Hi Brian, a few points to address with your comment. I think you missed a few things… I made a weeklong trip to Oregon recently and lived in Scotland for over four years. I wrote the post because I get asked the question multiple times every month. Prior to visiting Bandon, I couldn’t give a qualified answer. After the visit, which I loved, I decided to make a post and direct all questions here instead of answering each individual. I don’t think anyone here has made a blanket statement that Scotland is better.
I’m glad you agree with me that the two destinations are completely different. That being said, to say that nothing in Scotland can touch Bandon is naive. Especially considering the stated inspiration for Bandon and its courses was Scotland and Scottish links golf. There are four courses at Bandon Dunes and over 550 courses in Scotland… like I said, very different. If you’ve only found a “small handful” of Scottish courses that are playable, you’ve been looking in the wrong places. I’d be happy to give some recommendations, but they’re too numerous to write in a single comment.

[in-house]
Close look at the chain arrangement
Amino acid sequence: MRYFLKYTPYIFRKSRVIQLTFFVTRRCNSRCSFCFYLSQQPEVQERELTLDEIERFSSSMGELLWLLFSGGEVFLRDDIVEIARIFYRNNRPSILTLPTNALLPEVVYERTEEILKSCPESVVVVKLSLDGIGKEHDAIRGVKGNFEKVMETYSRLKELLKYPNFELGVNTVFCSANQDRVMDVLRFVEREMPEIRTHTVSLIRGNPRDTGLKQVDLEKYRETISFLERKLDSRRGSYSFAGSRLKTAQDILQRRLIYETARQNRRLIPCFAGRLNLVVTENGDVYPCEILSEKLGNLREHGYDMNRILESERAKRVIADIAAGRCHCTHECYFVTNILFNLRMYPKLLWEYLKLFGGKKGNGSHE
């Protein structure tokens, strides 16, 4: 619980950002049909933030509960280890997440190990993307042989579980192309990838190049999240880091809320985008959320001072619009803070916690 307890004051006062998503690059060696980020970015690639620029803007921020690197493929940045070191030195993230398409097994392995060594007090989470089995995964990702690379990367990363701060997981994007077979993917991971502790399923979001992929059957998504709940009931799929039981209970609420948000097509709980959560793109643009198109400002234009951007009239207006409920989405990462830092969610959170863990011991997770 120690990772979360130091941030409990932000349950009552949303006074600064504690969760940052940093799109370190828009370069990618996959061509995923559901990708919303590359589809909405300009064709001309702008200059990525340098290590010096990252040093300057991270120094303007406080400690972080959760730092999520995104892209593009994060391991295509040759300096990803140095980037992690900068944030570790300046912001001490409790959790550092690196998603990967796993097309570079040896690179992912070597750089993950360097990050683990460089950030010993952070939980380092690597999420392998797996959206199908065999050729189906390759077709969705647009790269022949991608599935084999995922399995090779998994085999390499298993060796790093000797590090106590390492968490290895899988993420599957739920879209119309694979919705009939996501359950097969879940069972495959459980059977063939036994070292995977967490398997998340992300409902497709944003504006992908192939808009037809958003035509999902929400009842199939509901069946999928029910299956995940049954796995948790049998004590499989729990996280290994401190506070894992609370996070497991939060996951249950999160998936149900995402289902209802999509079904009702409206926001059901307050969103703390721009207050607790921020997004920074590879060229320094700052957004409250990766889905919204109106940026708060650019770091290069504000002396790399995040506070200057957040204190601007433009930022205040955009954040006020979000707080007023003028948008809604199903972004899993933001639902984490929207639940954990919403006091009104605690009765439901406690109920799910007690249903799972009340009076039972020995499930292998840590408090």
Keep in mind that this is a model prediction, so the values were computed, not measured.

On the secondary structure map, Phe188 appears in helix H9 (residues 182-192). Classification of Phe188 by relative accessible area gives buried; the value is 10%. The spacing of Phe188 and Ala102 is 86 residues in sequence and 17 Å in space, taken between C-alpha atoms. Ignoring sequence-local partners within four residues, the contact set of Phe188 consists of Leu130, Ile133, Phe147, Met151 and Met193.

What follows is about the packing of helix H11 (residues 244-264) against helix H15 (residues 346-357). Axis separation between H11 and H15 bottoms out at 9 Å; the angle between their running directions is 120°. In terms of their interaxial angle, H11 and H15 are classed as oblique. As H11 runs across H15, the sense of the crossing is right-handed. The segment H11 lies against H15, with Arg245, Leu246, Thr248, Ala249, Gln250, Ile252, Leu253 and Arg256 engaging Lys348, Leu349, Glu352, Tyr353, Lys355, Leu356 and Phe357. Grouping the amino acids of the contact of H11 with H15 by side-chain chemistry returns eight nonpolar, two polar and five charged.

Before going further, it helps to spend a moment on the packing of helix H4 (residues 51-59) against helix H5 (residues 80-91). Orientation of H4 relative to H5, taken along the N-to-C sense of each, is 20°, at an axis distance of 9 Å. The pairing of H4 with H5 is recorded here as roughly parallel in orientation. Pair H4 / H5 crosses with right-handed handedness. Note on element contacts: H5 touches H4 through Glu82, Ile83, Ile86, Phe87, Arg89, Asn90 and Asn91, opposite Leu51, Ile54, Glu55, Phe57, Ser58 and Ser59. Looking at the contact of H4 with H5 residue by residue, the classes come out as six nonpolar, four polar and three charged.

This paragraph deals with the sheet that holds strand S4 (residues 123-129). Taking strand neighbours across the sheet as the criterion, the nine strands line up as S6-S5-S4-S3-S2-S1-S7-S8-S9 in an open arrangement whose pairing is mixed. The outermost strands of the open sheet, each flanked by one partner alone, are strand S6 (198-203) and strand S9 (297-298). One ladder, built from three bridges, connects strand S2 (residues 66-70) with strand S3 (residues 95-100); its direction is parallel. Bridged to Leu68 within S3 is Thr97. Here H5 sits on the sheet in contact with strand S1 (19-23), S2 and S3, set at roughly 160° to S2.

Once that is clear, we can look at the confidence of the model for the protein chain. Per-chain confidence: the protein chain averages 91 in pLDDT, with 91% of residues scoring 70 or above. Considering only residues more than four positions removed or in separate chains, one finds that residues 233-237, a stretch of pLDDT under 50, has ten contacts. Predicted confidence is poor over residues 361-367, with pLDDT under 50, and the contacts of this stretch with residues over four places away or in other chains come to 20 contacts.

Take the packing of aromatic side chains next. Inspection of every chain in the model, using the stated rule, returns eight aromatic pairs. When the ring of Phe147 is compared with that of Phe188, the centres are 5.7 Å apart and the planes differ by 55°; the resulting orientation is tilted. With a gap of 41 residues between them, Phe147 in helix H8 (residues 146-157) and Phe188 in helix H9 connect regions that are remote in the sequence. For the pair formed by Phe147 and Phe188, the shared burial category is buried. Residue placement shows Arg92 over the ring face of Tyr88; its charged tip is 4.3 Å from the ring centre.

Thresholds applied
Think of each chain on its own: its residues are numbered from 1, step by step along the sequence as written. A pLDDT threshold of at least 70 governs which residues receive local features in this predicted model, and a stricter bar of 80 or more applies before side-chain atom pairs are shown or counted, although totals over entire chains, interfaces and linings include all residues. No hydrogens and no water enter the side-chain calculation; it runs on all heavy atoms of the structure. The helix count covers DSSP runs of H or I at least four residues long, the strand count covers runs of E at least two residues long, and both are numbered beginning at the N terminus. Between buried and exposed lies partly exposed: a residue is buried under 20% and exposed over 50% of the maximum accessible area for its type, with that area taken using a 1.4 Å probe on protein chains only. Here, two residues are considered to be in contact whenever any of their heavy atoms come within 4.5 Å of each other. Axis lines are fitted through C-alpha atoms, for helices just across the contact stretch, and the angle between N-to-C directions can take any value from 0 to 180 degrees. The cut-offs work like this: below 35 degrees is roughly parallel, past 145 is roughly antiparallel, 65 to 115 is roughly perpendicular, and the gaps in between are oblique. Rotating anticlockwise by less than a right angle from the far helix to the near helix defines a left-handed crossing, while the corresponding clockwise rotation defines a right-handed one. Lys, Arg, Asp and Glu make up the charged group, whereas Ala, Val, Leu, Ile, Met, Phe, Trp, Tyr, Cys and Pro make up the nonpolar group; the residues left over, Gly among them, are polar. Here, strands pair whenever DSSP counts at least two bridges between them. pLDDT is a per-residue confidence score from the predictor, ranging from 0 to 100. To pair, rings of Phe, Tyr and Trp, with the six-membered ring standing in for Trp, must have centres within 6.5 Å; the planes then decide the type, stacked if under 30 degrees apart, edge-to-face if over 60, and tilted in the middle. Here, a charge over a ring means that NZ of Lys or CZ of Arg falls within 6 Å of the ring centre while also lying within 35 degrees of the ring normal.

Bandon was amazing and after many years of wanting to make the trip, I’m glad I finally got to go!